Felted wool is indispensable in our daily lives worldwide. We wear it, we create with it and we protect ourselves and the things we love with it. How did we get from shearing a sheep to creating such a multi useful fabric? Let’s start with what is this thing called felt?
Felting is the process of boiling wool fibers and applied pressure. The boiling process and pressure makes the fibers entangle and interlock together which forms a matted wool fabric. This process makes the felted fabric strong and durable, resistant to tearing and changing of shape, while still retaining the original properties of the wool. This article discusses the history of felted wools as well as its uses throughout time. Let’s get started.
History: When and where was it discovered and used?
It’s been said that early man used fur pelts to keep themselves protected from the elements. Using the fur against their bodies, it heated up from perspiration and the fur began to matte, thus creating the earliest known felt. While others believe that felting was discovered by Saint Clement. The fourth bishop of Rome in 100 A.D. discovered felt accidentally whilst running from his enemies. He wrapped wool around his feet to protect them from the rocky, uneven surfaces, when he arrived at his safe destination; the wool had been heated up from perspiration and had matted together creating a tough durable fabric and the first application of felted wool which was shoes. Whatever history you believe, there is a rich history to the beginnings of felted wools.
Archeologist’s uncovered stone burial chambers in Siberia which contained felt fragments. These fragments were made from both course and fine sheep’s wool to make everything from rugs and cushions, to socks and shawls. These ancient Siberians had even dyed their felted fabrics into distinct patterns and artistic designs.
Also, archeologists discovered the practice of felt making was used by the nomadic people of Central and Northern Asia throughout the centuries to present day. It’s said that they used the matted fibers for rugs, tents and clothing.
Felted wool uses today:
Felt is used today all over the world in many different industries. Everything from cars to home construction felt is the natural element that binds us and our environment together.
Automotive-Used to dampen sound and vibrations between metal panels, keep dirt away from joints, and to protect the body from the elements. It is also a natural insulator, thus is used to insulate the inside of the car to the exposed outside elements.
Musical instruments- Felt creates better sound quality. It protects metal cymbals from their stands, as well as creating a better cleaner pitch. Pianos use felt to protect and dampen the wooden keys, creating a truer, dampened sound. Felts other properties of denseness and springiness creates the overall tone of the piano’s sound. Accordions, guitars, violins, basses and many other instruments all use felt for these same qualities.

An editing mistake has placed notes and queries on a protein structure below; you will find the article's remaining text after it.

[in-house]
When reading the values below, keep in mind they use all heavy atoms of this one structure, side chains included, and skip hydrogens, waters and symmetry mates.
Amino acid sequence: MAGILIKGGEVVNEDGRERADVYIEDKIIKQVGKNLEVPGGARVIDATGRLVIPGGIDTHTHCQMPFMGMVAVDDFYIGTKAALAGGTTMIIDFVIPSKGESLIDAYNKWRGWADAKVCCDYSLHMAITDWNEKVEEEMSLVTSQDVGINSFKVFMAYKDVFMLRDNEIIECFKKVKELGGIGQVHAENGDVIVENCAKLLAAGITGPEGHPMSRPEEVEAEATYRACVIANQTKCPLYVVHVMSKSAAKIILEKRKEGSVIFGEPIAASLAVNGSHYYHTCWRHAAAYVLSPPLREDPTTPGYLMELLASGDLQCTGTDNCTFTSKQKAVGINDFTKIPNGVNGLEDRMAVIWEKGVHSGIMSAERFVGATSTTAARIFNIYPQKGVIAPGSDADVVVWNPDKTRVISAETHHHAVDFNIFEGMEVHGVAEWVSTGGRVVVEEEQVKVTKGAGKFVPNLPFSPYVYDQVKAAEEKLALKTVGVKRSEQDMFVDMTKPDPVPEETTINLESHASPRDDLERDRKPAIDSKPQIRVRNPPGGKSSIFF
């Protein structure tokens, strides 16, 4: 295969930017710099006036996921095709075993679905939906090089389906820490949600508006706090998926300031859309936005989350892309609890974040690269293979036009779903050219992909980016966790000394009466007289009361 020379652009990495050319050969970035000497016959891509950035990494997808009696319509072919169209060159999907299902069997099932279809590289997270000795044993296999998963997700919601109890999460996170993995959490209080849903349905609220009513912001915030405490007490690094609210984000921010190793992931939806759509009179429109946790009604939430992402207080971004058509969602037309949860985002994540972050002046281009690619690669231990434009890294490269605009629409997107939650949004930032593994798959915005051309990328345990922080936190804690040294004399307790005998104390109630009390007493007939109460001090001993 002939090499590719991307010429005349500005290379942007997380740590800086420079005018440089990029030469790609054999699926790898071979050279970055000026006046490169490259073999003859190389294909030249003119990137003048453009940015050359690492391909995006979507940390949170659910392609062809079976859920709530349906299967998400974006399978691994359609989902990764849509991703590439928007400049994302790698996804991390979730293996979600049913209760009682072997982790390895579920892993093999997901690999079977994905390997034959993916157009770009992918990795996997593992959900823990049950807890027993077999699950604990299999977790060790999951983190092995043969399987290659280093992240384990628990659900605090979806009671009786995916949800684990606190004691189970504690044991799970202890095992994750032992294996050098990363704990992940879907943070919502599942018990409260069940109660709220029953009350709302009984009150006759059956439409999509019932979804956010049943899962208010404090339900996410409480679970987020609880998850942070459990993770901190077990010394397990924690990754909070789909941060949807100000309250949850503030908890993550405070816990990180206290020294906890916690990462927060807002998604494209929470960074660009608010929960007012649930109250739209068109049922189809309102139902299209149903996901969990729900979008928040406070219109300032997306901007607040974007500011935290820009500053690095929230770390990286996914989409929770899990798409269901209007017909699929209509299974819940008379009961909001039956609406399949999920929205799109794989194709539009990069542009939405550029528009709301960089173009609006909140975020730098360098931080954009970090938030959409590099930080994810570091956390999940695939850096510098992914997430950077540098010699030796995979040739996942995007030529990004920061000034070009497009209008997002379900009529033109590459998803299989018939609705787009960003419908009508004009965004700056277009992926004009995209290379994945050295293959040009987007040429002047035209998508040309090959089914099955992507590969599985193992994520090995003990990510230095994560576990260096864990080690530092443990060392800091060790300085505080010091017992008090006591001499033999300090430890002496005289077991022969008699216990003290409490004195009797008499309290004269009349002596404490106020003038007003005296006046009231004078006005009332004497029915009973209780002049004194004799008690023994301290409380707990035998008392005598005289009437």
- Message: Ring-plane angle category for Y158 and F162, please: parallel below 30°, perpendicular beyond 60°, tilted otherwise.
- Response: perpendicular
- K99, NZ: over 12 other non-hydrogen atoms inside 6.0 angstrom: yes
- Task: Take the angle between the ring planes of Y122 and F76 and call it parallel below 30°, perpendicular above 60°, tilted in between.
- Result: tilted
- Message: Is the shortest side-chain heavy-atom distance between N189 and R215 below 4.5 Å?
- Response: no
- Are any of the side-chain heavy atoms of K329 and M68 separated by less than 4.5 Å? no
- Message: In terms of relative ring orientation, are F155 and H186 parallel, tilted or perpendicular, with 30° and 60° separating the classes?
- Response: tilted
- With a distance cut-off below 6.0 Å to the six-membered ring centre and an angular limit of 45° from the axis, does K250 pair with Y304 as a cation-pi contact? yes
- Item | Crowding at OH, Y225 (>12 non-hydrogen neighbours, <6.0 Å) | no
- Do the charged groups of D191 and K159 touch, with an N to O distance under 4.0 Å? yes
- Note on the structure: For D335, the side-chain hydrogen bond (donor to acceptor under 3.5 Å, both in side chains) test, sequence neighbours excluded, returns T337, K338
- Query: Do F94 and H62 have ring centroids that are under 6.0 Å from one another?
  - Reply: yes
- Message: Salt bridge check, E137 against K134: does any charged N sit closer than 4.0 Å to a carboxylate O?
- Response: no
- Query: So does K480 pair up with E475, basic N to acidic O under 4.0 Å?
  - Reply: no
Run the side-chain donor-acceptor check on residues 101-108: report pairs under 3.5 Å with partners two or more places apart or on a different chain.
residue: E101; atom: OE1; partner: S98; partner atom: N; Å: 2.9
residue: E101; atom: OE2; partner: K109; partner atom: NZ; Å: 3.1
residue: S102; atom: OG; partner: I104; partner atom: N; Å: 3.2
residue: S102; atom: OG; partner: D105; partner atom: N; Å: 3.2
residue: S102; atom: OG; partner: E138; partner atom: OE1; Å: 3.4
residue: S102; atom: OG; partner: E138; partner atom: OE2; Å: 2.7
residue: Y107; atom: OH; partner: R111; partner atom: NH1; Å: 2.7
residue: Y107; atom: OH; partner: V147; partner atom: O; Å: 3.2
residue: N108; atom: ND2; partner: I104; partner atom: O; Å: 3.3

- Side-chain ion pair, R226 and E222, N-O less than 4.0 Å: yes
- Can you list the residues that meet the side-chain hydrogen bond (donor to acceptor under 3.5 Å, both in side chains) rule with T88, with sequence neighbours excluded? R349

Entertainment-Felt sticks to itself naturally, which allows it to be used to tell stories with felt cut outs for children. It can be used for stuffed animals and puppets, as well as soft toys. Felt is also the foundation of billiard tables to cover and protect the slate surface, as well as provide a durable and even surface for the marble ball to glide across.
Clothing and accessories- Felt hats have long been the mainstay of fashion and function. From fedoras to bowlers, felted hats can be formed into any size and style desired. Wool does not naturally cling to the skin like cottons, nylons and other poly blends. This means the woolen fibers allow for air circulation, leading to its comfort of wear. Wool is absorbent to water, but also has the ability to release moisture. Think again about sheep, the moisture does not get trapped against the skin, but instead gets whisked away from the skin. This prevents the clammy, cold feeling you get when you sweat in other types of fibers.
Felted wool suits are used in the fashion industry because it’s durability as well as the ease at which one can design new styles. Overcoats, scarves, purses, gloves and mittens, felted wool can withstand and surpass any synthetic fiber. Felted wools can be easily trimmed with leathers and suedes for fashion and function purposes. It mixes well tyvek paper between different wool blends lending to the softness and comfort of cashmere and angora felted wools.
Art- Textile art and design has its roots in felting because of its vast qualities, and its ability to retain its structure regardless of cutting and dying. From 3D felted structures, as well as 2D wall hangings and floor coverings. From abstract to surreal to ecological art work, its ability to retain it’s desired structure as well as its natural ability to take on any color with ease lends to the artist the perfect base for creating.
The uses of felted wools are ongoing. We are now looking to its natural properties to further the environmental movement. Environmentally and ecologically, felted wools can be re-used many times over and still retain its qualities. The future of this great fiber is only limited only by our creativity. I can’t wait to see what’s next.